Recently this year in October 2012, the culls were announced to be postponed until summer 2013 as the ‘70% target cannot be met’ due to time, cost and also the recent hosting of the Olympics and Paralympics. This caused anger amongst farmers in TB endemic areas, but was a delight for animal welfare campaigners. It is said that there will be no change in the policy as there is still scientific reasoning for the culling to go ahead. It has been quoted by BVA president Peter Jones that ‘Scientists agree that culling badgers does reduce the levels of infection in cattle herds, and we know that no country has dealt with bovine TB without tackling the disease in wildlife.’ For example New Zealand had a similar TB issues with regards to the common bushtail possum.

RSPCA chief executive Gavin Grant strongly disagrees with the culling and hopes that the postponement ‘marks an end to all cull plans’, he insists that ‘this is good news for badgers, cows, dairy farmers and animal lovers alike. Hopefully it marks the beginning of the end for these unscientific, foolish and cruel plans to cull badgers.’ On the other hand farmers are outraged by the recent news, although ‘the government is still committed to the policy’. One ‘angry dairy farmer, frustrated by bTB’ Phil Latham argues ‘That’ll be more diseased badgers, more cows with TB, more farming businesses/families/staff affected. Bigger problem! Is this good?’ Rob Wilcox also a dairy farmer added ‘The badger cull is being postponed; we’ll just keep culling cows instead then.’

The responses to the culling have caused yet again huge controversy in the farming world and within the animal welfare groups. There has been huge speculation about the cost of the culling and the bad news that this will bring for taxpayers. The question is, will this cause for further research in alternatives for eradicating TB e.g. vaccination for cattle and badgers, or will the culling carry on as planned?









Leptospirosis in Sea Lions

Georgie Holiday (Farm Vet News Editor)

Sea Lions, mother & pupLeptospirosis is the world’s most common zoonotic disease, spreading to humans when they come into contact with water contaminated with the urine of infected animals. The disease can affect a huge range of species, including dogs, mice, cows, sheep, rabbits and many more, but over the past several years it has been spreading throughout wild sea lion populations, causing irreversible kidney damage.

Spiral-shaped bacteria called Leptospira cause the disease and remain alive as longs as they stay moist, which is why they are so easily spread in urine. The disease was first documented in sea lions in the early 1970s, although it has become a major cause of death throughout the 2000s, with repeated epidemics occurring every few years.

Sea lions are often diagnosed with leptospirosis without any lab work. Because they are marine mammals, they rarely need to drink water- they get plenty of moisture from their food sources- but sea lions infected with Leptospirosis are usually observed drinking large amounts of water, and sometimes even sucking on sand to get as much water as they can out of it. This is because the Leptospira bacteria has infected their kidneys, making them unable to filter toxins and regulate their hydration, causing them to seek other ways to get water into their body.

In rare cases, when the disease is caught early enough, Leptospirosis can be treated with antibiotics. Usually, however, it is fatal- it causes renal failure, which eventually leads to death.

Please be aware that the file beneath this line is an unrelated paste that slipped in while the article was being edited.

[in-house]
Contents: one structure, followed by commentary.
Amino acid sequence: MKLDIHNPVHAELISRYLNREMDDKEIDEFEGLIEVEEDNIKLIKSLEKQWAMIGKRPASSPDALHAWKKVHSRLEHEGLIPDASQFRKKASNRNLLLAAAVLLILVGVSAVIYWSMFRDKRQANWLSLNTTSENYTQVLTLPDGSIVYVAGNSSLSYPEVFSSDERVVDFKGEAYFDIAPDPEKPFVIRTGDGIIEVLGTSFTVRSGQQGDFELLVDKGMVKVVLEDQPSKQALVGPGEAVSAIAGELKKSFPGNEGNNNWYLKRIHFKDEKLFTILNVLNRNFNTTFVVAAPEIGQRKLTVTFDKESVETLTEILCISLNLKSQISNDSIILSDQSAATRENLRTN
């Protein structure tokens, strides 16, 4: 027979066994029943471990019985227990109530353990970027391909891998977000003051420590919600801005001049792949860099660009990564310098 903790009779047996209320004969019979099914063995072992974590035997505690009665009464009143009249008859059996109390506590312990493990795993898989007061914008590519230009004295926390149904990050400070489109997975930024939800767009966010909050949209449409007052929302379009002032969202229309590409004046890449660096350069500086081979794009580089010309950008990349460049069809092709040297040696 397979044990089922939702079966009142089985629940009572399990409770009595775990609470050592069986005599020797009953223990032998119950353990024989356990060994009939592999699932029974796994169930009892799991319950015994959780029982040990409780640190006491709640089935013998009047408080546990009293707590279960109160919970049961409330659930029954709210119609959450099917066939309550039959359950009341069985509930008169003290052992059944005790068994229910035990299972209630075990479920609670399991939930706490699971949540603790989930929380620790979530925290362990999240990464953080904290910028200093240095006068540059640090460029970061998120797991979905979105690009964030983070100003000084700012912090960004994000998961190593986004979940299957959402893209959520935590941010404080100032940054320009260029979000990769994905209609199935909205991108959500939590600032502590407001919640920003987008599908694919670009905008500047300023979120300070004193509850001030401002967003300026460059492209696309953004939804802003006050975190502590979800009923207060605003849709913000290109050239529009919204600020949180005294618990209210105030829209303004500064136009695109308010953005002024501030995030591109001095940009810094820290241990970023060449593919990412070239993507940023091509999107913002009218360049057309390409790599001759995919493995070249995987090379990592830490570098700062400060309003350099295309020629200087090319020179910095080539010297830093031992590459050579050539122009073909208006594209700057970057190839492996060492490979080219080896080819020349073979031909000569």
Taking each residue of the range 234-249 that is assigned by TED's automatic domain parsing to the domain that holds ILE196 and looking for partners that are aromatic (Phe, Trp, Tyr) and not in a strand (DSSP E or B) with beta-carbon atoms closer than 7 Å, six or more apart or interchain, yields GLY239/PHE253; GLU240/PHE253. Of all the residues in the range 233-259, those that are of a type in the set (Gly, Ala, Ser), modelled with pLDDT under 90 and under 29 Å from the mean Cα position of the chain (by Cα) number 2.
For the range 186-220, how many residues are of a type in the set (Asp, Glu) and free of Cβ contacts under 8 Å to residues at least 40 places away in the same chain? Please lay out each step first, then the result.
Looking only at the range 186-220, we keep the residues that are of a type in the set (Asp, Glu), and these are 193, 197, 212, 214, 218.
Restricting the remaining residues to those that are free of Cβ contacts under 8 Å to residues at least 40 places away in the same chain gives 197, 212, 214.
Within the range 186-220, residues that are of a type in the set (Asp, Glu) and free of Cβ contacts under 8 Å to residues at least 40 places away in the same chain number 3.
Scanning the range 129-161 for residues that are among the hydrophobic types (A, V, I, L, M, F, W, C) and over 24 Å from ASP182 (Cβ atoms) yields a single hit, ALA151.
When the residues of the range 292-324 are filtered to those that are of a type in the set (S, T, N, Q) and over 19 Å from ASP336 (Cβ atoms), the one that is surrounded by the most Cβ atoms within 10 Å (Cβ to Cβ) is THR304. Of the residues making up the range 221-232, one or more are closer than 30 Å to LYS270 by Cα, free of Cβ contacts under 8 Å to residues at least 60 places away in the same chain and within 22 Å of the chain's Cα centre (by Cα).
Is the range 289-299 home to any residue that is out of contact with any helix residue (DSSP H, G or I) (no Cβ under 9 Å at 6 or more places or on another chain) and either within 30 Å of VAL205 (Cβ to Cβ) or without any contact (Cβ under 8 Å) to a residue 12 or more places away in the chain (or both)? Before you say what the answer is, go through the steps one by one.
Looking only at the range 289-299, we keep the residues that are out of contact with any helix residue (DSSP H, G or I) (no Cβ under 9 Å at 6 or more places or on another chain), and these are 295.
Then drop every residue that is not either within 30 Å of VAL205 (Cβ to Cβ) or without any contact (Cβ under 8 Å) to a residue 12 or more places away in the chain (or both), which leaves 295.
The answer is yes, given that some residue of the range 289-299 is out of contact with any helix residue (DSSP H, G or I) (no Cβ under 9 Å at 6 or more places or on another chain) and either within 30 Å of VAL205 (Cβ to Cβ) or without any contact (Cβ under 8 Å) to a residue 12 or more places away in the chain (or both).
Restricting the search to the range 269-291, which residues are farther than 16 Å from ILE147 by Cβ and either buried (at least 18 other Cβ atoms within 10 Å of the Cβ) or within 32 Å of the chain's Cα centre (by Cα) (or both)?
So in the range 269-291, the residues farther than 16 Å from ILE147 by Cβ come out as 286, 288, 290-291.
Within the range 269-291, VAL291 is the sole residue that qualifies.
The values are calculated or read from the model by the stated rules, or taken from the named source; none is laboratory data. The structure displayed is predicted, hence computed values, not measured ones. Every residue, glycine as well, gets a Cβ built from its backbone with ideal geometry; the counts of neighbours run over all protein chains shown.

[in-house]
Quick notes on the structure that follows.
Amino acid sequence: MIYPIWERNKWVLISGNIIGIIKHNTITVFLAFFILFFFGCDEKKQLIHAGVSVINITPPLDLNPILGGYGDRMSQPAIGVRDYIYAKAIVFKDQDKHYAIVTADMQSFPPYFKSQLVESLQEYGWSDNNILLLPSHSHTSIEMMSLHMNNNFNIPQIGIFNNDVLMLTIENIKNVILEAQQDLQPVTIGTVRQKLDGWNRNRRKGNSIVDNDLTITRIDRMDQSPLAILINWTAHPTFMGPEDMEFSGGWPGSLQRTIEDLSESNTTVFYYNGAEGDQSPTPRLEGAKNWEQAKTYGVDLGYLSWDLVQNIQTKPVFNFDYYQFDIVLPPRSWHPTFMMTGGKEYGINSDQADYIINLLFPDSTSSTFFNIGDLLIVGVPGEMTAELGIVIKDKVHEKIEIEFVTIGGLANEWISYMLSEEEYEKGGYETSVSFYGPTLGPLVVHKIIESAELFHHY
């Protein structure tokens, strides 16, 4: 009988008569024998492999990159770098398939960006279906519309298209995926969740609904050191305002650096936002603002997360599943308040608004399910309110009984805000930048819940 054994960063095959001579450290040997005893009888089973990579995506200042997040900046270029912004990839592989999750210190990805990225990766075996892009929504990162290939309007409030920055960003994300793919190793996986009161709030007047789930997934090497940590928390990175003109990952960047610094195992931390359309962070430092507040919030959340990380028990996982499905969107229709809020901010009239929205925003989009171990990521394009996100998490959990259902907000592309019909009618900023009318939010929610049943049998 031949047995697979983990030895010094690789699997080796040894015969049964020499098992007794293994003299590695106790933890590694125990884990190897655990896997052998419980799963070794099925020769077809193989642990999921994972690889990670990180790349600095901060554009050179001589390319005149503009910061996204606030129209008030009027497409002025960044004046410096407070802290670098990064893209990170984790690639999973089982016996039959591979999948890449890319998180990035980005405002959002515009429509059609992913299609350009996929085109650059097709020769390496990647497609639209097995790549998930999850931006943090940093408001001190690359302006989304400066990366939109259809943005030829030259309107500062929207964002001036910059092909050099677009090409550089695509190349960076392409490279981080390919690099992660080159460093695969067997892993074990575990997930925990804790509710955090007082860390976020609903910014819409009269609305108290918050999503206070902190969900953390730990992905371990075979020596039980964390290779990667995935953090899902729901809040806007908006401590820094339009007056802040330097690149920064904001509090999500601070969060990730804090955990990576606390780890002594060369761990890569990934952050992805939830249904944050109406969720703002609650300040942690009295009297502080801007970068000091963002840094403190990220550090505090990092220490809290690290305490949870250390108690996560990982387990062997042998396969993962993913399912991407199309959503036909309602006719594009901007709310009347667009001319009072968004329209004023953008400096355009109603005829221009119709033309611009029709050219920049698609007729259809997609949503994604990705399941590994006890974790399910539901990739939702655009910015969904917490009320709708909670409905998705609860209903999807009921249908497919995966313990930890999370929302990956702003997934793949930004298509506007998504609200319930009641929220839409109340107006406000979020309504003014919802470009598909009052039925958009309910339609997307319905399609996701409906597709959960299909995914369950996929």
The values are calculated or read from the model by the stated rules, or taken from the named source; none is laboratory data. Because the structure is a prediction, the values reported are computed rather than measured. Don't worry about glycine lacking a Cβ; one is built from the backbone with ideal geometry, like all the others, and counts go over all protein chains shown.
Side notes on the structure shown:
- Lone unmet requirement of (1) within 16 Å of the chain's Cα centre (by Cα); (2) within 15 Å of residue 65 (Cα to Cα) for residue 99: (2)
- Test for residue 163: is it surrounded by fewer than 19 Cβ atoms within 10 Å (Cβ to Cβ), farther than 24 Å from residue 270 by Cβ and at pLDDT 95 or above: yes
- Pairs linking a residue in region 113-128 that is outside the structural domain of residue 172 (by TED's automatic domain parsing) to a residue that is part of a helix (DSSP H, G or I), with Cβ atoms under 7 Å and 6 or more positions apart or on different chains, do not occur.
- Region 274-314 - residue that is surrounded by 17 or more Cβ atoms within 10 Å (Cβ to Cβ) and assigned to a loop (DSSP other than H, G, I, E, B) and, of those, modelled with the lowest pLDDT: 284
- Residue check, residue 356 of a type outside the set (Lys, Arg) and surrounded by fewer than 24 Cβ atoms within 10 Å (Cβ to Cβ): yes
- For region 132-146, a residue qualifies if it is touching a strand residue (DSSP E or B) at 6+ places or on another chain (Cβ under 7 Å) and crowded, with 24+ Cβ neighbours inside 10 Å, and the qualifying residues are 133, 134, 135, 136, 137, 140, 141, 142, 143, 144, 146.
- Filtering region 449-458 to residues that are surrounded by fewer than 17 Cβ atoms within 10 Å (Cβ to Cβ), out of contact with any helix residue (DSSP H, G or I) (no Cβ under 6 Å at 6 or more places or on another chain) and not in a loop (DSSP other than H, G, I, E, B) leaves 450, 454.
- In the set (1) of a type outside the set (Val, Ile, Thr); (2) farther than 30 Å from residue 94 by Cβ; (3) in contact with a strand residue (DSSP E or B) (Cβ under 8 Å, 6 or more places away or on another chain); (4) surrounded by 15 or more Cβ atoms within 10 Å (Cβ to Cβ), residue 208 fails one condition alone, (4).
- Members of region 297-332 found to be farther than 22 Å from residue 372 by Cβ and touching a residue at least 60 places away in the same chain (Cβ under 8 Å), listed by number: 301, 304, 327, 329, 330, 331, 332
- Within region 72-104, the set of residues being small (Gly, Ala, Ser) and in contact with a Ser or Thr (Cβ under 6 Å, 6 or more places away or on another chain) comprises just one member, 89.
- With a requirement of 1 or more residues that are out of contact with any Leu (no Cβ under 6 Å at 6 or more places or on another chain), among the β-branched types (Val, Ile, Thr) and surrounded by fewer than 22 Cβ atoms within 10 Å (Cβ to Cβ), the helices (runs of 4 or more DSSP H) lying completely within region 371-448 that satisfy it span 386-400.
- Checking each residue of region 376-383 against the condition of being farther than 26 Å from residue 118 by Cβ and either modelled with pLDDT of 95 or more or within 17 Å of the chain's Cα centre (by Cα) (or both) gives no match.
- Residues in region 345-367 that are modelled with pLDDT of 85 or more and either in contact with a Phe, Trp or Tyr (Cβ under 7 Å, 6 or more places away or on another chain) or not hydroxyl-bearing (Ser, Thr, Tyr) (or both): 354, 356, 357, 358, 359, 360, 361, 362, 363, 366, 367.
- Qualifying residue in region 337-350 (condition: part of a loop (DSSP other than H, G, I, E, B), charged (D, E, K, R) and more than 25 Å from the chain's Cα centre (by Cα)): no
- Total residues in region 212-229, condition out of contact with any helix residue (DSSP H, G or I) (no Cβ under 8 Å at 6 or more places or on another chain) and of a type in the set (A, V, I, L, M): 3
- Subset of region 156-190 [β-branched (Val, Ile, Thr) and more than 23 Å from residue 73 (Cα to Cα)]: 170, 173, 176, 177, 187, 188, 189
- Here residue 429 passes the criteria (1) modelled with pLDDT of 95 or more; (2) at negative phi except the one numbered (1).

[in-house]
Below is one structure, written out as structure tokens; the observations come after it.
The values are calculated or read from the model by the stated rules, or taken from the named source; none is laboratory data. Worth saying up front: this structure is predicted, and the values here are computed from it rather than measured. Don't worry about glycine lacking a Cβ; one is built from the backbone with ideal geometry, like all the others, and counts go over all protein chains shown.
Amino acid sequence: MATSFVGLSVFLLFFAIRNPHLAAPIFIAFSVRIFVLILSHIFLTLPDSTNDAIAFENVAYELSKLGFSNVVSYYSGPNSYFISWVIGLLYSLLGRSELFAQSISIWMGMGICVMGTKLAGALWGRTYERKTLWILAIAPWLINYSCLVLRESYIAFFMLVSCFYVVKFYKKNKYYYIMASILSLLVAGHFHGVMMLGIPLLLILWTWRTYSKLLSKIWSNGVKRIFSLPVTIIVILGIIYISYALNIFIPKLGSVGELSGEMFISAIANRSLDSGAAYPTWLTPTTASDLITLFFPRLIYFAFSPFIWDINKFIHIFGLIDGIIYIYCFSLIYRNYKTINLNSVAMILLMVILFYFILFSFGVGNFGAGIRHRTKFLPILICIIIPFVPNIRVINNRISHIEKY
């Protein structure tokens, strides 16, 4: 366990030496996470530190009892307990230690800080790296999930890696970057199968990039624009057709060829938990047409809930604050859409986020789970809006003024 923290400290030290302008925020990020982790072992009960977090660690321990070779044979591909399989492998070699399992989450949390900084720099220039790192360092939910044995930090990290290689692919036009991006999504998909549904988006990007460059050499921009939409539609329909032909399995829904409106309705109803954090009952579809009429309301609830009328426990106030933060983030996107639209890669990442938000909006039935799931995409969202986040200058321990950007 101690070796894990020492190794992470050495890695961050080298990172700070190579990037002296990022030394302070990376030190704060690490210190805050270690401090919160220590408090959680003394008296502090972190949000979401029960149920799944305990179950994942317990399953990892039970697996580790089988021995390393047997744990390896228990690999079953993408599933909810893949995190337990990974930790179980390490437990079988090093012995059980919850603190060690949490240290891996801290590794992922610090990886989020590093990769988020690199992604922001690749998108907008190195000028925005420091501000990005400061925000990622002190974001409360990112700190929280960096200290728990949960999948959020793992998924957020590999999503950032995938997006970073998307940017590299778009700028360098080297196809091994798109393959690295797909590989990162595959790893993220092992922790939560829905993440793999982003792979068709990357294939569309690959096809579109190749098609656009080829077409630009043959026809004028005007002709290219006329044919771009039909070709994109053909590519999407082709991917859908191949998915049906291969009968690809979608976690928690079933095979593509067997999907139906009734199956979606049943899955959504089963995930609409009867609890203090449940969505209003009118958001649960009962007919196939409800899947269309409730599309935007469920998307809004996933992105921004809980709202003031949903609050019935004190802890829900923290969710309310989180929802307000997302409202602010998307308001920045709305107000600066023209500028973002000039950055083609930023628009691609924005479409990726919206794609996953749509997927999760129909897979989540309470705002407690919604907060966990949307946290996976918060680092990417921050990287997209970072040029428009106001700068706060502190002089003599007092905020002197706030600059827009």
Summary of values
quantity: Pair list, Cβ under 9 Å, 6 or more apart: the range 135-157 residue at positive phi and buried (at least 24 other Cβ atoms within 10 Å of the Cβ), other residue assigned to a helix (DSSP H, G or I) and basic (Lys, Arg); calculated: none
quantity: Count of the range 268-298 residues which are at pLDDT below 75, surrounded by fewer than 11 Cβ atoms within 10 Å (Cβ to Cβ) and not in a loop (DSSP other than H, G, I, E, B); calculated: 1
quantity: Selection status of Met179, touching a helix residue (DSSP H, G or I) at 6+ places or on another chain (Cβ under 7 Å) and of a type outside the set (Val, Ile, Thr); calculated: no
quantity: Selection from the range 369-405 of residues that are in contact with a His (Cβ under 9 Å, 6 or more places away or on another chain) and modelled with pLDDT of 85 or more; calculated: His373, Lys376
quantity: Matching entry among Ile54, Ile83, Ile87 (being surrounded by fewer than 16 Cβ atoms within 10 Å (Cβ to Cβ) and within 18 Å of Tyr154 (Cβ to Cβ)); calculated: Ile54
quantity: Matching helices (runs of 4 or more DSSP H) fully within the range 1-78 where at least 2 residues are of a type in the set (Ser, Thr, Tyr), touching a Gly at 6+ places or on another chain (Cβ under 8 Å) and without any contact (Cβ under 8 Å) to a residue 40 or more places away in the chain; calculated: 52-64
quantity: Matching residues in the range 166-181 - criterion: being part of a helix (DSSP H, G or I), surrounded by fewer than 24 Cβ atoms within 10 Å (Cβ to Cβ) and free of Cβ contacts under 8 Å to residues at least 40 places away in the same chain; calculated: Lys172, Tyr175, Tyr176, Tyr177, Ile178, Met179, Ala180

Increase in case of horse neglect & abandonment

Pippa Lyon (Vet News Equine Editor)

Horse gallopingThe amount of horses being abandoned neglected or abused is on the rise with around 6000 horses at risk this winter. The number of horses in rescue centres has been increasing rapidly over the last 5 years and with all the centres full something needs to be done.

The RSPCA have released a crisis report seeking help from the government and public. The main causes for the increase are overbreeding and the current economic climate.

Irresponsible dealers are at the heart of the problem when it comes to the UK horse population, they are constantly breeding, buying and importing horses that no one wants to buy right now. They end up at markets where they can either end up sold at ridiculously low prices like £5 in homes that do not look after them, or sold to abattoirs as meat to be exported into Europe.

Horses are expensive animals to look after and require a lot of commitment, when the credit crunch hit many people were forced to cut back on veterinary costs, shelter and feed and some even chose to abandon their horses.  Its cases like this when they end up at equine charities such as redwings or RSPCA, Unfortunately they no longer have enough space to take in everyone.

Government agencies and equine charities are working together to improve laws and enforcement of horse movement and dealership in order to control the reckless breeding of some horse dealers.

Meanwhile, the charities believe that the public can play an important role in tackling the growing equine population by not breeding from their own horse and taking responsibility for their animals. The World Horse Welfare Society is urging members of the public to offer a home to a horse if suitable whether it is riding horse or a non-ridden companion.


MRCVS online (horse crisis report published) http://www.mrcvs.co.uk/en/news-story.php?id=7973

RSPCA report (The approaching equine crisis in England and wales) http://www.rspca.org.uk/ImageLocator/LocateAsset?asset=document&assetId=1232730977252&mode=prd



The Cost of Animal Disease – A quick summary of the IFAH report

Ilakiya Guruswamy (Vet News Small Animal Editor)

DollarThe International Federation for Animal Health (IFAH) has released a white paper entitled The Costs of Animal Disease. It highlights the socio-economic impacts of animal diseases that go much beyond the direct costs of the diseases themselves.